After a few days of resolute focus at the London International Wine Fair, I feel entitled at last to a few prejudices and convictions about New World pinot noir – even if they must be provisional ones until I learn sufficiently more to complicate them dangerously. Like Odysseus and his sailors plugging their ears and lashing themselves to the masts to avoid the seductiveness of the sirens, I sternly announced, when offered cabernets and shirazes, bordeaux and barolo, that no, I was here to taste a hundred or two pinot noirs. Well, a few siren sounds did lead me temporarily astray, but, by my sadly low standards, I was admirably steadfast.
The primary conviction I have happily come away with is that there are a great many extremely fine, subtly and sensitively made, and absolutely lovely pinots from New Zealand and Oregon above all, but also from elsewhere. And I returned occasionally to Paul Cluver, HRV and Galpin Peak to calibrate myself – and those wines were certainly not put to shame by the others. An incident worth noting, however: the Hamilton Russell wine I was offered was corked, as was the next bottle opened when I pointed this out: this wouldn’t have happened at the New Zealand stands, of course (even if they too hadn’t checked a bottle before pouring from it), as most of their wines are screwcapped.
I’ll leave my prejudices at the general level now: my favourites were the New Zealanders, on the whole, particularly those from Marlborough and Martinborough (I sneaked back a few times for a wondrous sip of the Ata Rangi 2007 and couldn’t bring myself to spit it out) – though then I feel I’m being unfair to those of Otago….
Not to mention the brilliant examples from the other side of the world, in Oregon. These latter are about as far from Napa cabernet as you could get, I suspect, with their unassertive but rigorous charm, the supple, subtle tannins and fine acidity, the sweet fruit and dry but not drying finish, the modest and tactful use of oak (seldom more than 30% new, it seemed to me – the same goes for New Zealand, a lesson that some Cape producers could learn, I think). If one of the finest Oregonians was Domaine Serene’s Evenstad Reserve 2006, one of the most fascinating pinots of my tour was the same producer’s white version (not pinot blanc, but indeed pinot noir), a very pricey and stunning wine called Coeur Blanc. The producer told me that one or two similar wines are made in France, but this was the first I’d heard of it (apart of course from Champagne, where they make a good deal of white wine from pinot noir). This wine was rich, sumptuously textured (as Michael Fridjhon would probably say) and I suspect very few people would have identified it as pinot – it was much more like a northern Rhône white wine.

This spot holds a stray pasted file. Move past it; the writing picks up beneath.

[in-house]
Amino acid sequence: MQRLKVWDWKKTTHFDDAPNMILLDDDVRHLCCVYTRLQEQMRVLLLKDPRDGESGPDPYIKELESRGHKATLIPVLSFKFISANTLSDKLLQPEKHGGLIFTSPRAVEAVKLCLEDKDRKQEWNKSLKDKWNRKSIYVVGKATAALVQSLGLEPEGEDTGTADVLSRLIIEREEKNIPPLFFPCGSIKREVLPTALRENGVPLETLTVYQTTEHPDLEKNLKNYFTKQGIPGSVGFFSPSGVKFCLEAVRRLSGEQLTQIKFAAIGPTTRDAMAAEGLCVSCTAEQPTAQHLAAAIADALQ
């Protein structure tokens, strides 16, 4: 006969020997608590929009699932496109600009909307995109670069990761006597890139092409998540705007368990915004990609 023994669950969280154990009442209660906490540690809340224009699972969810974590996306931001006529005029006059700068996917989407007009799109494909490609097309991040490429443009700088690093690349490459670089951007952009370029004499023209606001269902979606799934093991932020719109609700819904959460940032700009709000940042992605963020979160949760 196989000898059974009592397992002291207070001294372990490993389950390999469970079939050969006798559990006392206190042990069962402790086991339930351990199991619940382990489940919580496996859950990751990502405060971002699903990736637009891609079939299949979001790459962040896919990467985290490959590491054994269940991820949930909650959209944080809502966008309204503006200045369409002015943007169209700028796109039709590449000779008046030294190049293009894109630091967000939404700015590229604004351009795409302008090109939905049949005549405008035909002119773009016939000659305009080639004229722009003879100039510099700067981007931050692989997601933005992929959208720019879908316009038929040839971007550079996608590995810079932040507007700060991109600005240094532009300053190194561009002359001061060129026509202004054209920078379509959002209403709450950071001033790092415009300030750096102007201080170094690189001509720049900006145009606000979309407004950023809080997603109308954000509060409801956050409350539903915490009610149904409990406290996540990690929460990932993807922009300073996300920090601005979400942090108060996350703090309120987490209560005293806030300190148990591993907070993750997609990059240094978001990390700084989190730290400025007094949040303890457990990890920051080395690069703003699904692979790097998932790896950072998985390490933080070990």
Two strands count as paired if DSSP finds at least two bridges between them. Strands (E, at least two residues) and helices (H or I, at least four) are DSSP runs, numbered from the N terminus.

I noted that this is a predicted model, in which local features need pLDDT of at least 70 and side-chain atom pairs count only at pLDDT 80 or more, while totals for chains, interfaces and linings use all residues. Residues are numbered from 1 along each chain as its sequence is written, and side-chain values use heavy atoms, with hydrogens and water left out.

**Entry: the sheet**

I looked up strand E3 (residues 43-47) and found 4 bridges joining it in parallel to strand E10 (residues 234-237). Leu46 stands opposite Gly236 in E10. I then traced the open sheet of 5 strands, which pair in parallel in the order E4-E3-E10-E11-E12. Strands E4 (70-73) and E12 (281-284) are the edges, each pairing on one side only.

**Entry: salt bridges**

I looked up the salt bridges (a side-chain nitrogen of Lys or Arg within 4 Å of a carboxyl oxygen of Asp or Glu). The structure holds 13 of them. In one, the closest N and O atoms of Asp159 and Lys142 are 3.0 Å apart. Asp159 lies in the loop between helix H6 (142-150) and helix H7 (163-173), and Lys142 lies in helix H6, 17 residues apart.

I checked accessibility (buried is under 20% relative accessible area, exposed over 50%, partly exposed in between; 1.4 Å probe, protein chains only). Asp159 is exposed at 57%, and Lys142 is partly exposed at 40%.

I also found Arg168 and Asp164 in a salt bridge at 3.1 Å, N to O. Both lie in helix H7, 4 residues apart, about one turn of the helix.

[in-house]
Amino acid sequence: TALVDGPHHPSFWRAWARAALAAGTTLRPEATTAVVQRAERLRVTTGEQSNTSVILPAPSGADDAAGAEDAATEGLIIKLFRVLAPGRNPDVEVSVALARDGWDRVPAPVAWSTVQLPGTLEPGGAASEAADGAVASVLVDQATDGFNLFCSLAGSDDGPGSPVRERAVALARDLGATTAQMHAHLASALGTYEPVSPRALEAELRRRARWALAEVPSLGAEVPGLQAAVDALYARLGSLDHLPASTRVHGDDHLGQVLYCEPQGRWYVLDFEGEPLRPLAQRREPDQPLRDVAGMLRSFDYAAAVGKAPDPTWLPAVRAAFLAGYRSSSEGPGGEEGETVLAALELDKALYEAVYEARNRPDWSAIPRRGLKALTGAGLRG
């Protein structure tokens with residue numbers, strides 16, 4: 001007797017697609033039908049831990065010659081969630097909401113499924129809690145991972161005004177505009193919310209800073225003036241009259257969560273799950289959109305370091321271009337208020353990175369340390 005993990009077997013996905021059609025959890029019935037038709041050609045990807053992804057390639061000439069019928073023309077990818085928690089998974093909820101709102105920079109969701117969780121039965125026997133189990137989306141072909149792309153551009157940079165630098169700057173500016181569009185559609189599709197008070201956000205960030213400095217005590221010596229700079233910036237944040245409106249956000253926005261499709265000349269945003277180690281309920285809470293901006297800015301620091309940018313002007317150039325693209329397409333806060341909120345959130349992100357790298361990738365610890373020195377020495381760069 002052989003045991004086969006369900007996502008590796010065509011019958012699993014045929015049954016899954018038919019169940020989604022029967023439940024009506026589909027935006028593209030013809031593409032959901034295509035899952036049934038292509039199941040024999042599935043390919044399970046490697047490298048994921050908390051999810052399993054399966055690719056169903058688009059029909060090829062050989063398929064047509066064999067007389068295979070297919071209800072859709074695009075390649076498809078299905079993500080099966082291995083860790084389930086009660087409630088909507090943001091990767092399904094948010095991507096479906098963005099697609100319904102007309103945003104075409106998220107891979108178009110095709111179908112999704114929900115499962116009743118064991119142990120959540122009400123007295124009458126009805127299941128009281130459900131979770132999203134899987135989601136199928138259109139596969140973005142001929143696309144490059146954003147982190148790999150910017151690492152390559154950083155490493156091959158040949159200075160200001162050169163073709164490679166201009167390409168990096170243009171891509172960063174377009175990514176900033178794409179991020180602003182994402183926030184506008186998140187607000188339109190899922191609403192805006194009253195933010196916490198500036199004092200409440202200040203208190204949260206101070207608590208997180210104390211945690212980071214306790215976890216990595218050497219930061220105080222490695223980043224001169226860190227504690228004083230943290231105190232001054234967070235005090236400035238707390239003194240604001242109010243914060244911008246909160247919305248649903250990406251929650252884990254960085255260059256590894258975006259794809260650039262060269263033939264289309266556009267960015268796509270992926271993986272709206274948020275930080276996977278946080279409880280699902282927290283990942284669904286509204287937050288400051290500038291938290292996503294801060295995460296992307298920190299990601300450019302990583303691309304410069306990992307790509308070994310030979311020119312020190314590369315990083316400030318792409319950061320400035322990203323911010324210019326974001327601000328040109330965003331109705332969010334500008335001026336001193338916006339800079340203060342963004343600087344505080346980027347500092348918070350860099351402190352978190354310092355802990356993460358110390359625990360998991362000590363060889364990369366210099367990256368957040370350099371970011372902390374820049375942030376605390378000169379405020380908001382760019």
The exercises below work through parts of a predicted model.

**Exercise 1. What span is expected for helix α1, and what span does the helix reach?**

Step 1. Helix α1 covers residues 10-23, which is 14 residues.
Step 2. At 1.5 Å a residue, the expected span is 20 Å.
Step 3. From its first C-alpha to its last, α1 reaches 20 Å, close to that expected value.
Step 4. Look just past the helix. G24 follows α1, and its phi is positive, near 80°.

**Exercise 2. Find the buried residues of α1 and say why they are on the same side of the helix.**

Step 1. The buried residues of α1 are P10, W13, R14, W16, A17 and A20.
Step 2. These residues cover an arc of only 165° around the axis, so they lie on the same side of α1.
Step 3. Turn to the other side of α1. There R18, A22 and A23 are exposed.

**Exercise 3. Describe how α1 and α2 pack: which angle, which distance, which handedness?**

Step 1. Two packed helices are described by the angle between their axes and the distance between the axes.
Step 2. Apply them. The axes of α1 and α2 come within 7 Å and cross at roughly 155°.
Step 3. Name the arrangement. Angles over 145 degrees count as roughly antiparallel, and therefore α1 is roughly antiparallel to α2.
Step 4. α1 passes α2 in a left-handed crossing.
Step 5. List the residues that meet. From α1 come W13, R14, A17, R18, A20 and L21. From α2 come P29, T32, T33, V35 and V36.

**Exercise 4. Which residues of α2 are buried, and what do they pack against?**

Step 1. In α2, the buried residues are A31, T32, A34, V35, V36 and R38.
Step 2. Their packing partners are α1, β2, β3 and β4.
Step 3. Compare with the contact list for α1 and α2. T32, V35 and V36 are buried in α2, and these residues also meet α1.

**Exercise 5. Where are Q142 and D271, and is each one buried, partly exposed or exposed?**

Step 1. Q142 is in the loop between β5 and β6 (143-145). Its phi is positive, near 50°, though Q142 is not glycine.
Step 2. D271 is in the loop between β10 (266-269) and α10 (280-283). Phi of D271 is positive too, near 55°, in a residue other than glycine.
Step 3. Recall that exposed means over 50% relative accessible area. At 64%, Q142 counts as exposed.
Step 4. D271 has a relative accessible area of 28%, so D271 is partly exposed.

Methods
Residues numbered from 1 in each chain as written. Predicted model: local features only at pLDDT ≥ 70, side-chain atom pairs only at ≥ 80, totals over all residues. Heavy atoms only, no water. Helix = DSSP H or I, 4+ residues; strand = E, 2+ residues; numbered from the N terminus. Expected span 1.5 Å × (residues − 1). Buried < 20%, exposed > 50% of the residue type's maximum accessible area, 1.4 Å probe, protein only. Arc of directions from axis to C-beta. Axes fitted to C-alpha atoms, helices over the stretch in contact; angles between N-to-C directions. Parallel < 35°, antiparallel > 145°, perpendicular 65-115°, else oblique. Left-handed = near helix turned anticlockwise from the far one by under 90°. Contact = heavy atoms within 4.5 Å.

I must mention that I bumped into Remington Norman a few times, and (as well as telling me of his Home Affairs problems with sorting out permanent residence in South Africa) he pointed me in the direction of the Yarra Valley part of the Wine Australia stand, and there too were some excellent pinots. I was a touch less grateful for the nudge towards two prestige bottlings from Chile’s Cono Sur: the Twenty Barrels and the Ocio; these were very impressive, fine wines – but made for the US market, of course, and far more like Californian cabernet than Oregon pinot noir in their big boldness.
Ah well. I could wax lyrical for much longer, but if you’ve accompanied me this far, thanks and I won’t try your patience further. I should report, though, that I have this nagging feeling that there is some other region in the world that has a well-established reputation for pretty good pinot. In France, I think… begins with a B…. But it certainly no longer has this game all to itself. Not by a long way.
So, nearing the end of a week in London, which has had manifold attractions other than the Fair – but including other great wines (treated more as wine should be: at leisure, in larger and unspat quantities, and with food and friends). And I’d have liked to report on the wines (and conversation) at a lunch with Jancis Robinson, but shall just mention that it was at a newish restaurant-winebar that should be on any wine-lover’s itinerary in London: called Terroirs, it has a really interesting and occasionally quirky wine-list and delicious food; soon they’re expanding underground to include a grander restaurant, which should be great – if you’re pretty rich, I suspect.